"Very well. My apologies, Tuor." Erellont offered another roasted marshmellow to the Man as a peace offering. Tuor accepted but did not speak further.

"Tuor, I believe you were mentioning the one thing that still bothers you," Pengolod said. Tuor nodded.

"Now you've done it," Dailir, son of Duilin, said in exasperation to Erellont. "It'll be another month before Tuor speaks his mind!"

"Dailir," Elemmakil said. Dailir fell silent.

"So then, Tuor, was it a matter of the abandonment of our fair halls in Nevrast?" Legolas asked. "Indeed, I could understand if that was the matter on your mind. You have seen the beauty of Vinyamar. Surely you wonder why the Noldor leave behind such a magnificent dwelling."

"No, that I understand," Tuor said. "Ulmo spoke to Turgon, and I think it was wise of him to obey, just as I believe that he should again pay heed to the Lord of Waters and abandon Gondolin just as he abandoned Vinyamar." The lordlings of Gondolin looked one to another. The decision was not theirs to make, and they were never quite sure how to react to Tuor's sudden outbursts. Elemmakil put his silver flute to his lips and played a calming melody. The lordlings smiled at the tune, and Legolas even launched into song.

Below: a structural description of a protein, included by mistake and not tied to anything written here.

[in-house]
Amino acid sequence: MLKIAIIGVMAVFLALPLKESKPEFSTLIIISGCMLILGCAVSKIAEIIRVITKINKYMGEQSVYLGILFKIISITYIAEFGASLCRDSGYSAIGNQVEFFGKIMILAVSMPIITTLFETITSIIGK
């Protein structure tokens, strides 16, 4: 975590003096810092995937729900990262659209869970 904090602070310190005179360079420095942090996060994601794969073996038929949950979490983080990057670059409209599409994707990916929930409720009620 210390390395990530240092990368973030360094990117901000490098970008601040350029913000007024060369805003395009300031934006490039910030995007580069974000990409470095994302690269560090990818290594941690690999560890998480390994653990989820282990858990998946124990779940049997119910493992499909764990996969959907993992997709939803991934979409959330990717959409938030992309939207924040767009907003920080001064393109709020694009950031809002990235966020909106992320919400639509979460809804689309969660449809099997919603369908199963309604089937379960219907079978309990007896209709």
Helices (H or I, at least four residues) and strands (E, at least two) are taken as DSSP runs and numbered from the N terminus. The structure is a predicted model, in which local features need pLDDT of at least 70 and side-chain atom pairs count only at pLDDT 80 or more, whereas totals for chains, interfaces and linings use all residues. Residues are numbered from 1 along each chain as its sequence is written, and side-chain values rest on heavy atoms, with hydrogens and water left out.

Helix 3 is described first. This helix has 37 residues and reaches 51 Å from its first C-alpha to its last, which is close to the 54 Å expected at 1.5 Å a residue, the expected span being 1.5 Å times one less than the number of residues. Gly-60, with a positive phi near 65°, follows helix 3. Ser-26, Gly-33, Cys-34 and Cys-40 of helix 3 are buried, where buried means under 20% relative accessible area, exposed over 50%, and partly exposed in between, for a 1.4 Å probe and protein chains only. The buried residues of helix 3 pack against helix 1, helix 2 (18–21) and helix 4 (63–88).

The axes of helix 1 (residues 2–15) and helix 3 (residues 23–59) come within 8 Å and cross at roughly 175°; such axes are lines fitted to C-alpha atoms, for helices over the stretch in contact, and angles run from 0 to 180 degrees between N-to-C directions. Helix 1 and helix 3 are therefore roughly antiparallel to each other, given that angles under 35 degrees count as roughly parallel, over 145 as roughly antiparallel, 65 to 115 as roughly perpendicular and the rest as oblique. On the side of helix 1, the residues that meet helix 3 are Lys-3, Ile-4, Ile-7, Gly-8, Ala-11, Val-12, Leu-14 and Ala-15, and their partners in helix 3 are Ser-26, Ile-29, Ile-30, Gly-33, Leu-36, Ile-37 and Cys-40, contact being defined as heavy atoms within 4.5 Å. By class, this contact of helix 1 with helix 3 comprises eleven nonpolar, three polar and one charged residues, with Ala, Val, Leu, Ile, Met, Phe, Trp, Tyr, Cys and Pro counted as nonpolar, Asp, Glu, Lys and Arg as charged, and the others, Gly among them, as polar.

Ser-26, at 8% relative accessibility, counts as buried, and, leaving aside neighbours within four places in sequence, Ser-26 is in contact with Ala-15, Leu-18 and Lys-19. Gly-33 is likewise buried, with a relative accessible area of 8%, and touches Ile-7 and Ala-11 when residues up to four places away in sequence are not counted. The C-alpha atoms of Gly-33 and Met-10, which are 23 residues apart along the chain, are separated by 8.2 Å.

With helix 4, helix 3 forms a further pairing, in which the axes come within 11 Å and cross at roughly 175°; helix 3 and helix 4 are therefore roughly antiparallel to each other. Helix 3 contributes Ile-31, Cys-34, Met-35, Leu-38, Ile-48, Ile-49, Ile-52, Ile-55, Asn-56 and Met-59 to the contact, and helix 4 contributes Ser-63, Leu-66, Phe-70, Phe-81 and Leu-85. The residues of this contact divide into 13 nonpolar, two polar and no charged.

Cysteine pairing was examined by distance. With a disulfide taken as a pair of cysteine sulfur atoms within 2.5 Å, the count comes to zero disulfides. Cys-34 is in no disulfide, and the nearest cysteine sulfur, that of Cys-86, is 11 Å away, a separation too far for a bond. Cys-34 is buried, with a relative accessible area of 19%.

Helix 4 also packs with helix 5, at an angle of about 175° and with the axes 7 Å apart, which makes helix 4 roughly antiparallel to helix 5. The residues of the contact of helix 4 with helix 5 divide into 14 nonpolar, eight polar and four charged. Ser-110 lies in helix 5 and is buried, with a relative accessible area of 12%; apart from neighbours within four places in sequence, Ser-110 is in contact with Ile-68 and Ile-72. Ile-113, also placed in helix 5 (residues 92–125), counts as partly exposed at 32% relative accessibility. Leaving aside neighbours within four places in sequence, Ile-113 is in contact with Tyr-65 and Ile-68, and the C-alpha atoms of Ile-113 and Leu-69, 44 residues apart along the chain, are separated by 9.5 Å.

"Fa-la-la-la-la, la-la-la-la," Legolas sang. He was no lyricist like Glorfindel, who could improvise to any of Ecthelion's tunes, but the simplicity of Legolas's tune made it easy for the others to join. Before long, even Tuor was singing to Elemmakil's flute. When the song ended, Voronwe poured another round of cocktails and plain orange juice for Tuor.

"Why did the Noldor leave Aman if that land is truly so blessed?" Tuor said suddenly, as he always did when there was a grave matter on his mind. The lordlings looked one to another and sipped their cocktails.